This summer, the City of Boston will unveil a “strategic vision,” setting the stage for its first citywide plan in more than half a century. Helping to shape that vision have been a series of public gatherings—the largest of which took place this spring at Boston College under the auspices of the Carroll School and the Law School.
Jointly sponsored by the Joseph E. Corcoran Center for Real Estate and Urban Action and the Rappaport Center for Law and Public Policy, “Imagine Boston 2030” was sold out weeks before the March 30 event in Robsham. The conference borrowed its title from a multiyear planning initiative to forge what Boston leaders are calling a “stronger, more inclusive city.” The subtitle, “Making Choices for a Growing City,” alluded to the challenges of harnessing growth for the benefit of all Bostonians.
“One thing is for sure—our city is growing,” Mayor Marty Walsh, WCAS ’09, told the crowd made up of Boston College students, teachers, staff, and city residents. He referred to population (expected to exceed 700,000 by 2030, compared to just over 600,000 in 2010) and construction (with $7 billion of projects underway). “It seems we’re building everything in the City of Boston,” he said.
The question is whether “we’ll have growth for everyone,” Walsh added, saying the city must be both livable and affordable. The mayor stressed that his Imagine Boston 2030 initiative is seeking broad participation in the urban planning process. “This conversation isn’t for the few. It’s for the many,” he said, calling on those in Robsham to “go out and ask people to get involved” in the planning process. A final citywide plan, after a few iterations, is expected one year from now.
After Walsh’s remarks early in the gathering, Boston Redevelopment Authority planning director Sara Myerson noted that as recently as the 1980s, Boston was “a struggling city in decline.” Now it’s growing faster than any other major U.S. metropolitan area, she added.
At the same time, Myerson underscored “new challenges.” She pointed out that median income in the city ($56,902) is similar to that elsewhere in the country, but the cost of living here is two and a half times the national average. Soaring rents and home prices are notably to blame. Myerson spoke further of the city’s declining middle class, reflected in “growing wealth and enduring poverty” side by side.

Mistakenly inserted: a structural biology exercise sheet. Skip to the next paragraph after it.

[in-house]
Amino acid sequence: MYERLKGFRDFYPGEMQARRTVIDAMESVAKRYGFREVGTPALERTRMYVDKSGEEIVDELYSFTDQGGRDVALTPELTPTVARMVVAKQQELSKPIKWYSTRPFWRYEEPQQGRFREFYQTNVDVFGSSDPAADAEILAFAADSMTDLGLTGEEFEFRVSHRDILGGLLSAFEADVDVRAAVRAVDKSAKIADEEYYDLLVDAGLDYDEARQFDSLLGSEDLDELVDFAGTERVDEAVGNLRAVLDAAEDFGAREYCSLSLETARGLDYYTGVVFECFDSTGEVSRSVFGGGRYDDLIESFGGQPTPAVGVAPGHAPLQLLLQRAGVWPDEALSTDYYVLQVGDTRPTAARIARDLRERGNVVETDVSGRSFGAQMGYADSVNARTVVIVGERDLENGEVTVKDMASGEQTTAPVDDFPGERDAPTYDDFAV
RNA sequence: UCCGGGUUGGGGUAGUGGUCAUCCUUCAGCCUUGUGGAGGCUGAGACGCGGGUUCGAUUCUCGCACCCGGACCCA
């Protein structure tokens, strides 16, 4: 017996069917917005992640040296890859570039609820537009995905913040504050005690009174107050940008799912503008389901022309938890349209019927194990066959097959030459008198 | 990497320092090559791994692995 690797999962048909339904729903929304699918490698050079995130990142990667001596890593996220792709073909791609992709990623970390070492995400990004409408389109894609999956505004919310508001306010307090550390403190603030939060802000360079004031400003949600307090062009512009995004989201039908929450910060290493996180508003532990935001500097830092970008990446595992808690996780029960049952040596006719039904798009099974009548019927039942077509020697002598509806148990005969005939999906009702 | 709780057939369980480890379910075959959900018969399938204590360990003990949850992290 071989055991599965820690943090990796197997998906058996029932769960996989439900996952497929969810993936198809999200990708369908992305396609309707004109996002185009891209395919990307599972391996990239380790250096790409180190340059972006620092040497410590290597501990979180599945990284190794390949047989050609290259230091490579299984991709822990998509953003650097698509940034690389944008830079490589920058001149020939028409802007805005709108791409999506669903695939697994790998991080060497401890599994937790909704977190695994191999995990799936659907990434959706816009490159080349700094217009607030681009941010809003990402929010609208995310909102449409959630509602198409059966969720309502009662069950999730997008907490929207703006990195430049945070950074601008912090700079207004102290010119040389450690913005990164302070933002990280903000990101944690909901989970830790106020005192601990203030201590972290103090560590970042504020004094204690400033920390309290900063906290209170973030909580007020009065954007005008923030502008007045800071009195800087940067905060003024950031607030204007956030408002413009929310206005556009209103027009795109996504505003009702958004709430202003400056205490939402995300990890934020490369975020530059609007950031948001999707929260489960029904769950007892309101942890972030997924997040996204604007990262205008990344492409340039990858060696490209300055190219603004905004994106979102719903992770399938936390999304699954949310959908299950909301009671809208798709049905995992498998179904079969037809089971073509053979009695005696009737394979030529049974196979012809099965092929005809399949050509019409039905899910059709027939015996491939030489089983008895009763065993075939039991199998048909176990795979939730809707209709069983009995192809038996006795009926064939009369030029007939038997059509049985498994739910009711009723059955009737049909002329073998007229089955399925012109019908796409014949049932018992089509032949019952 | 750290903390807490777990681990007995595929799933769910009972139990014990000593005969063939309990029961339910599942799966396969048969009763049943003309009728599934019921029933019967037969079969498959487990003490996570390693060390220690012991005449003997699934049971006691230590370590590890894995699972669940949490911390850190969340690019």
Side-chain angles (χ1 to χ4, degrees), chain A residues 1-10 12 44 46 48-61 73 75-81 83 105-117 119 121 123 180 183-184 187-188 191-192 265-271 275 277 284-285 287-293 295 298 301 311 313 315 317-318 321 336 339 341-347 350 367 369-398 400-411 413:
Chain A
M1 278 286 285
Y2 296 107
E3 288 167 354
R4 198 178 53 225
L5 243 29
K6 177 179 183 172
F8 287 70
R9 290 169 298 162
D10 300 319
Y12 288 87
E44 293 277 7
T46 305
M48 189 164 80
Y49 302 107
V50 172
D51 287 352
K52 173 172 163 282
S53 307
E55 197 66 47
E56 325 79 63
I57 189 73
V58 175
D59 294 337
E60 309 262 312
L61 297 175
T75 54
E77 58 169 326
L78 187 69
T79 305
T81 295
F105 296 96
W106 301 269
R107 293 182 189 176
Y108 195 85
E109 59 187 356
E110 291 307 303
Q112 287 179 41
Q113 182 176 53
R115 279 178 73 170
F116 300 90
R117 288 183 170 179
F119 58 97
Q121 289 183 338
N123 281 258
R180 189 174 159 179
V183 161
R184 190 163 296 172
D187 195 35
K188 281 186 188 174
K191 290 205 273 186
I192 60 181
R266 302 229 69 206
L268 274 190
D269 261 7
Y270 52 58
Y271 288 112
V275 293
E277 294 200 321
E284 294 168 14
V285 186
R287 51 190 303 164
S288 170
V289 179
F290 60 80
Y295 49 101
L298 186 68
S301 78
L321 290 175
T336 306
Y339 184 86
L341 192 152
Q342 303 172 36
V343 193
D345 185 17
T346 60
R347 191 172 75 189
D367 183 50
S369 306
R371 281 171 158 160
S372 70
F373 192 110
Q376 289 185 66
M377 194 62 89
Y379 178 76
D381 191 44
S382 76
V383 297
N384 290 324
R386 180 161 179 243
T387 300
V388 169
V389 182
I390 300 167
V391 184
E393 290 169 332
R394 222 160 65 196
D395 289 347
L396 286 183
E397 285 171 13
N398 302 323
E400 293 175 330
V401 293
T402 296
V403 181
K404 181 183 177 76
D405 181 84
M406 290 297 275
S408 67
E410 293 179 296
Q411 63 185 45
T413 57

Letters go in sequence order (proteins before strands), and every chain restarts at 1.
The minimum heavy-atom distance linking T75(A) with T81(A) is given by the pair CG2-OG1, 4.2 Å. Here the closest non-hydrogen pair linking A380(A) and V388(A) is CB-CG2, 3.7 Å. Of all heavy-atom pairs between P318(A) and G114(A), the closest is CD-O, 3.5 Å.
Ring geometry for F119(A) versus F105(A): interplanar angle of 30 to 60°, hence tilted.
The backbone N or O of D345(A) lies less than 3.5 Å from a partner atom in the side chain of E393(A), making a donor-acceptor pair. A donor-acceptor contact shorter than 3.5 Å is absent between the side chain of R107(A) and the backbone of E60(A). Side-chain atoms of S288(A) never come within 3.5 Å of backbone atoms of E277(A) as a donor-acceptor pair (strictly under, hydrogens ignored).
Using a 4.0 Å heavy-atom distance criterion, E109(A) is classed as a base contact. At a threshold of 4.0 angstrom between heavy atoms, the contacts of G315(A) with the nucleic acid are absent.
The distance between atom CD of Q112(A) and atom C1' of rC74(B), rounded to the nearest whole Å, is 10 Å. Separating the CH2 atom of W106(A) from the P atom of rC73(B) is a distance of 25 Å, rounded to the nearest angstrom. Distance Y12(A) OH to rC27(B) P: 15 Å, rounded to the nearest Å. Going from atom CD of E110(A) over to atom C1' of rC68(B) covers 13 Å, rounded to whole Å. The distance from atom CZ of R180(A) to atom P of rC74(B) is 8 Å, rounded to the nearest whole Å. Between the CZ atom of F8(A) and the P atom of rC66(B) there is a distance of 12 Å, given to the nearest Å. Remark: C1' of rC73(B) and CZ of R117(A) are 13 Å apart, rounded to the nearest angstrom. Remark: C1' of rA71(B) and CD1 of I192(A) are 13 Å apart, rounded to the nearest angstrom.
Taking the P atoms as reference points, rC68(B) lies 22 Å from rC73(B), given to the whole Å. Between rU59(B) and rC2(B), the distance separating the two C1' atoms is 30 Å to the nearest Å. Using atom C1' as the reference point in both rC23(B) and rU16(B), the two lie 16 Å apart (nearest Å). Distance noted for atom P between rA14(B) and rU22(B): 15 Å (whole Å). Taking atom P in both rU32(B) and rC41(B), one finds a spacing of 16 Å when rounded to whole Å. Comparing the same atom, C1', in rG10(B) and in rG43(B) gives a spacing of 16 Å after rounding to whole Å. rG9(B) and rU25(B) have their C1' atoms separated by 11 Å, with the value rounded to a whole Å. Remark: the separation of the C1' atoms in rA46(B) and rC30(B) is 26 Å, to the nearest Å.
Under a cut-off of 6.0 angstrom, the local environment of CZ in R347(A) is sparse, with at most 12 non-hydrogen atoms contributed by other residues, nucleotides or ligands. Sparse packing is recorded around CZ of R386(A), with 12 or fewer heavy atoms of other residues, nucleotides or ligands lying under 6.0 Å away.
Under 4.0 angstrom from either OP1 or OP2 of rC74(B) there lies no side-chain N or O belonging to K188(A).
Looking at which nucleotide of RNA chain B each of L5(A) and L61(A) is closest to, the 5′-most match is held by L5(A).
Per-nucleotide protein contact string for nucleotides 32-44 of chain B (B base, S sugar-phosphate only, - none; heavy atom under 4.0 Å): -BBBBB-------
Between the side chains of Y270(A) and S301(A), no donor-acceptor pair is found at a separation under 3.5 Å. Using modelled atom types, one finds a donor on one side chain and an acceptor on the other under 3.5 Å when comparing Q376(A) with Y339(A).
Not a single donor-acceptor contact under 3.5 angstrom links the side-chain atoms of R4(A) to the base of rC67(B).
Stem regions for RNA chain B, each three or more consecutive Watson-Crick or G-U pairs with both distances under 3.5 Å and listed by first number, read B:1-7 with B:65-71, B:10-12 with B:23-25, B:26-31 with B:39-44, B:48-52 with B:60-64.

During a panel discussion that followed, Harriet Tregoning of the U.S. Department of Housing and Urban Development pointed to a trend that plays to Boston’s advantage: “It used to be that people followed the jobs. Today, companies follow the talent,” said Tregoning, who directs community planning and development at HUD. She was alluding to General Electric’s recent decision to relocate from Connecticut to the Seaport District in talent-rich Boston.
Moderating the discussion was Meghna Chakrabarti, cohost of WBUR’s Radio Boston, who handled questions from the Robsham audience (penciled out on index cards collected by undergraduate student volunteers) and from those watching the conference on live stream. In response to a question via Twitter, Boston Globe business columnist Shirley Leung highlighted the need for “a pipeline” of jobs flowing into low-income neighborhoods, not just the thriving districts that draw high-paid talent. “There will always be income inequality, but we need to create opportunities for everyone, so there’s a path upward,” she said.
Other panel members included John Barros, the City of Boston’s economic development chief; Walter Hood, urban designer and landscape architecture professor at the University of California, Berkeley; and Joe Kriesberg, who heads the Massachusetts Association of Community Development Corporations. Welcoming and closing remarks at the conference were delivered, respectively, by Law School Dean Vincent Rougeau and Corcoran Center Director Neil McCullagh. In a guest blog post two days earlier for Imagine Boston 2030, McCullagh said the initiative has “created a platform for Bostonians and other users of the city to voice their ambition and vision for a future that will bring out the best in our city and our region.”
Afterward, many members of the audience stepped out through a side exit and into a tent where they voted on different ideas for Boston’s citywide plan. Exhibits featured questions such as “What would you add or change to make your neighborhood an even better place to live?” Conference goers used sticker dots to choose priorities, among them “open space,” “better transit,” and "housing affordable at different income levels."
Asked about the drift of her voting, Corcoran research assistant Kathleen O’Shea said, “I guess the overall theme is mixed income development.” O’Shea, an MCAS ’16 graduate launching her career at Boston-based Initiative for a Competitive Inner City, added, “That’s important for the future of the city.”